Discrete Mathematics with Graph Theory (3rd Edition) 349

# Discrete Mathematics with Graph Theory (3rd Edition) 349 -...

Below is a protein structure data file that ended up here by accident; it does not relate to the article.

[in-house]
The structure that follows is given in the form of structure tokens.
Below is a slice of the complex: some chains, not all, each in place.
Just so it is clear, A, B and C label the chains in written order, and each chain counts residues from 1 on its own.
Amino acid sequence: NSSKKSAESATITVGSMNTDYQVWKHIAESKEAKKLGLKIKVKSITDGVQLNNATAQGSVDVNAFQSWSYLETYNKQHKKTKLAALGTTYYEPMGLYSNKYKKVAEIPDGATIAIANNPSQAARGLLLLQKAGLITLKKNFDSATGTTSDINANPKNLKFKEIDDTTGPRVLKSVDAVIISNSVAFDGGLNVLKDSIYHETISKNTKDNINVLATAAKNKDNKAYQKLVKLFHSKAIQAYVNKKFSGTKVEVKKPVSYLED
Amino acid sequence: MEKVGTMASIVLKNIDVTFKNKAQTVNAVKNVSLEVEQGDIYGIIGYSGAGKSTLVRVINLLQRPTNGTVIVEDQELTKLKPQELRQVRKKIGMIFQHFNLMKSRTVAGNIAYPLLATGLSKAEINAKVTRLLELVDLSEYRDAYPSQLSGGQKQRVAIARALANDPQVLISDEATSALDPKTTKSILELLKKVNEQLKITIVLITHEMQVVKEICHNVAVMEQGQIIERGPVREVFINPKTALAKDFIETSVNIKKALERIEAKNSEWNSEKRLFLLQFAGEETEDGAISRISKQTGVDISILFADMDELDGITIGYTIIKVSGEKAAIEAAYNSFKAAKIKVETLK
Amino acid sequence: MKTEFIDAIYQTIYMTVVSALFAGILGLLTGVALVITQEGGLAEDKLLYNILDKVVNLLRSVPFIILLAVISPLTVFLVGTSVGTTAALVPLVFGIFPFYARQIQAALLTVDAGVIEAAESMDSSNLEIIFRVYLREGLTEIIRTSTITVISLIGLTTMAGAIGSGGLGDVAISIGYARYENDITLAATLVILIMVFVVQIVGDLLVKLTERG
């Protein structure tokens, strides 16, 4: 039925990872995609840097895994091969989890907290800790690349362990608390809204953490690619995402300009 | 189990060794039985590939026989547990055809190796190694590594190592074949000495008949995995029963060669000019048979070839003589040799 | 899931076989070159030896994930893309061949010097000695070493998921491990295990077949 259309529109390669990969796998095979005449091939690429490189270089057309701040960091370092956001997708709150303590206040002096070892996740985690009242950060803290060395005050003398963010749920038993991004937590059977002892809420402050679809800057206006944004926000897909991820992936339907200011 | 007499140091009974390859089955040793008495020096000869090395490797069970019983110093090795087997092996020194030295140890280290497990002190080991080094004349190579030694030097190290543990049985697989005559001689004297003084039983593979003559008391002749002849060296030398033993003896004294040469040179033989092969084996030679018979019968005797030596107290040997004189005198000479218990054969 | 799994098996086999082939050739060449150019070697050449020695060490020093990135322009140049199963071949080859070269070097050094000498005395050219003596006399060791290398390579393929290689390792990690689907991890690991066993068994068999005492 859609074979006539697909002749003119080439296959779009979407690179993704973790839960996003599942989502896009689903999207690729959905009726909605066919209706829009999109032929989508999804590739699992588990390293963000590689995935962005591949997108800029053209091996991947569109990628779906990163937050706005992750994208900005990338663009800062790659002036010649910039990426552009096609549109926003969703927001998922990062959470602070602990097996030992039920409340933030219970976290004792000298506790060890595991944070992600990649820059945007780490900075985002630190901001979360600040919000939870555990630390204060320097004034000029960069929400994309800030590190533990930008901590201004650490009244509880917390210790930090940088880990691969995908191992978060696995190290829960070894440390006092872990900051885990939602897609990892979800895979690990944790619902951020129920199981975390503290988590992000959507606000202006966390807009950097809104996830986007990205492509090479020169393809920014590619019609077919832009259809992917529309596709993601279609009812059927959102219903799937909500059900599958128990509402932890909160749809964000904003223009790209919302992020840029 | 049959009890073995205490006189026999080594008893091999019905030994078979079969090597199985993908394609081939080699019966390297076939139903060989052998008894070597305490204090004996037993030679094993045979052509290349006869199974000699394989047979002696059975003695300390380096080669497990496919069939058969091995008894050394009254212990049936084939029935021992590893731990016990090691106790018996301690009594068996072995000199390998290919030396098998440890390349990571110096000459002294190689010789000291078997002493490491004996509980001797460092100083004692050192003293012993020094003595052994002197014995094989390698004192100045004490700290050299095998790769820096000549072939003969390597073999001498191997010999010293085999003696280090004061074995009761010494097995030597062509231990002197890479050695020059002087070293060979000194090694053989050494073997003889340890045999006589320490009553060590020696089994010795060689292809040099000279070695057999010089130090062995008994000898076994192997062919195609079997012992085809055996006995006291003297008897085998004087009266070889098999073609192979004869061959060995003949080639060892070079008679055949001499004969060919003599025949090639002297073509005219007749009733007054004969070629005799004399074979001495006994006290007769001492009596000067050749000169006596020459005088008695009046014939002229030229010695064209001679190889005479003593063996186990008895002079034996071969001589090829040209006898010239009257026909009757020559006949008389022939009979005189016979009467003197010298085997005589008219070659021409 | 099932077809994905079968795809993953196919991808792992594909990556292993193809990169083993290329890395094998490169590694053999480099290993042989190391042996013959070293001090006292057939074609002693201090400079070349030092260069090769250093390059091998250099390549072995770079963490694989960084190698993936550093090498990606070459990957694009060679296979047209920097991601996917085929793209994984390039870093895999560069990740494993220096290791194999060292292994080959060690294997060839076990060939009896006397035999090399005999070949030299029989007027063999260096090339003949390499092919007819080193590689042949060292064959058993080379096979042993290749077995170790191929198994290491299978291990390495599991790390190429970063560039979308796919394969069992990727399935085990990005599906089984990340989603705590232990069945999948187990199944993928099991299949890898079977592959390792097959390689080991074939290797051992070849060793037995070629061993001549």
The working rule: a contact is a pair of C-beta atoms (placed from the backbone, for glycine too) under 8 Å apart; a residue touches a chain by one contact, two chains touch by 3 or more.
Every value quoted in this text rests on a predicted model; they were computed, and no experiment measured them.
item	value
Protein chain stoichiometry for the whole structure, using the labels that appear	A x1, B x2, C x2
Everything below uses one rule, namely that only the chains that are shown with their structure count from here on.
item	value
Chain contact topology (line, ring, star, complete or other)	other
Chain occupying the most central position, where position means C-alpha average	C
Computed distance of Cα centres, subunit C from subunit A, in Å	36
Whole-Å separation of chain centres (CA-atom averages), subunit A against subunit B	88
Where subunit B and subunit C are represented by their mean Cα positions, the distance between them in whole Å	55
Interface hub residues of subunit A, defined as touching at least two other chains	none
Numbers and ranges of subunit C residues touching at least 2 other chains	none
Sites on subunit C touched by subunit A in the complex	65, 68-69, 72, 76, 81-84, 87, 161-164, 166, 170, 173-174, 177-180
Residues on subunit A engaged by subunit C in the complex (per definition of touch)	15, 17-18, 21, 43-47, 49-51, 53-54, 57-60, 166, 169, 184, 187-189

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Section 12.4 347 9. (a) [BB] Here are the distances dt and the t 0 1 2 3 4 5 6 7 corresponding values of Pt. dt 0 5 7 4 5 7 6 6 Pt -1 0 0 0 0 4 4 3 (b) Here are the distances dt and the t 0 1 2 3 4 5 6 7 8 corresponding values of Pt. dt 0 1 2 3 4 4 5 5 5 Pt -1 0 0 0 1 3 0 2 1 10. We use induction on t. If t = 1, there is a path to VI if and only if VOVI is an arc. At the first iteration of the loop in Step 2, with t = 1, the algorithm checks the value of do + w(vo, VI) = w(vo, VI) and, if this is finite, assigns this number to d l and sets PI = 0, as we claimed. Now assume t > 1 and the algorithm has worked as claimed for each j < t. Consider a path from Vo to to Vt. The last arc on this is of the form VjVt with j < t (since the vertices are labeled canonically). Moreover, since Vj lies on a path from Vo, the induction hypothesis implies that the algorithm has identified the length dj of a shortest path to Vj. A shortest path to Vt has length the least value of dj + w(Vj,Vt) for all j =
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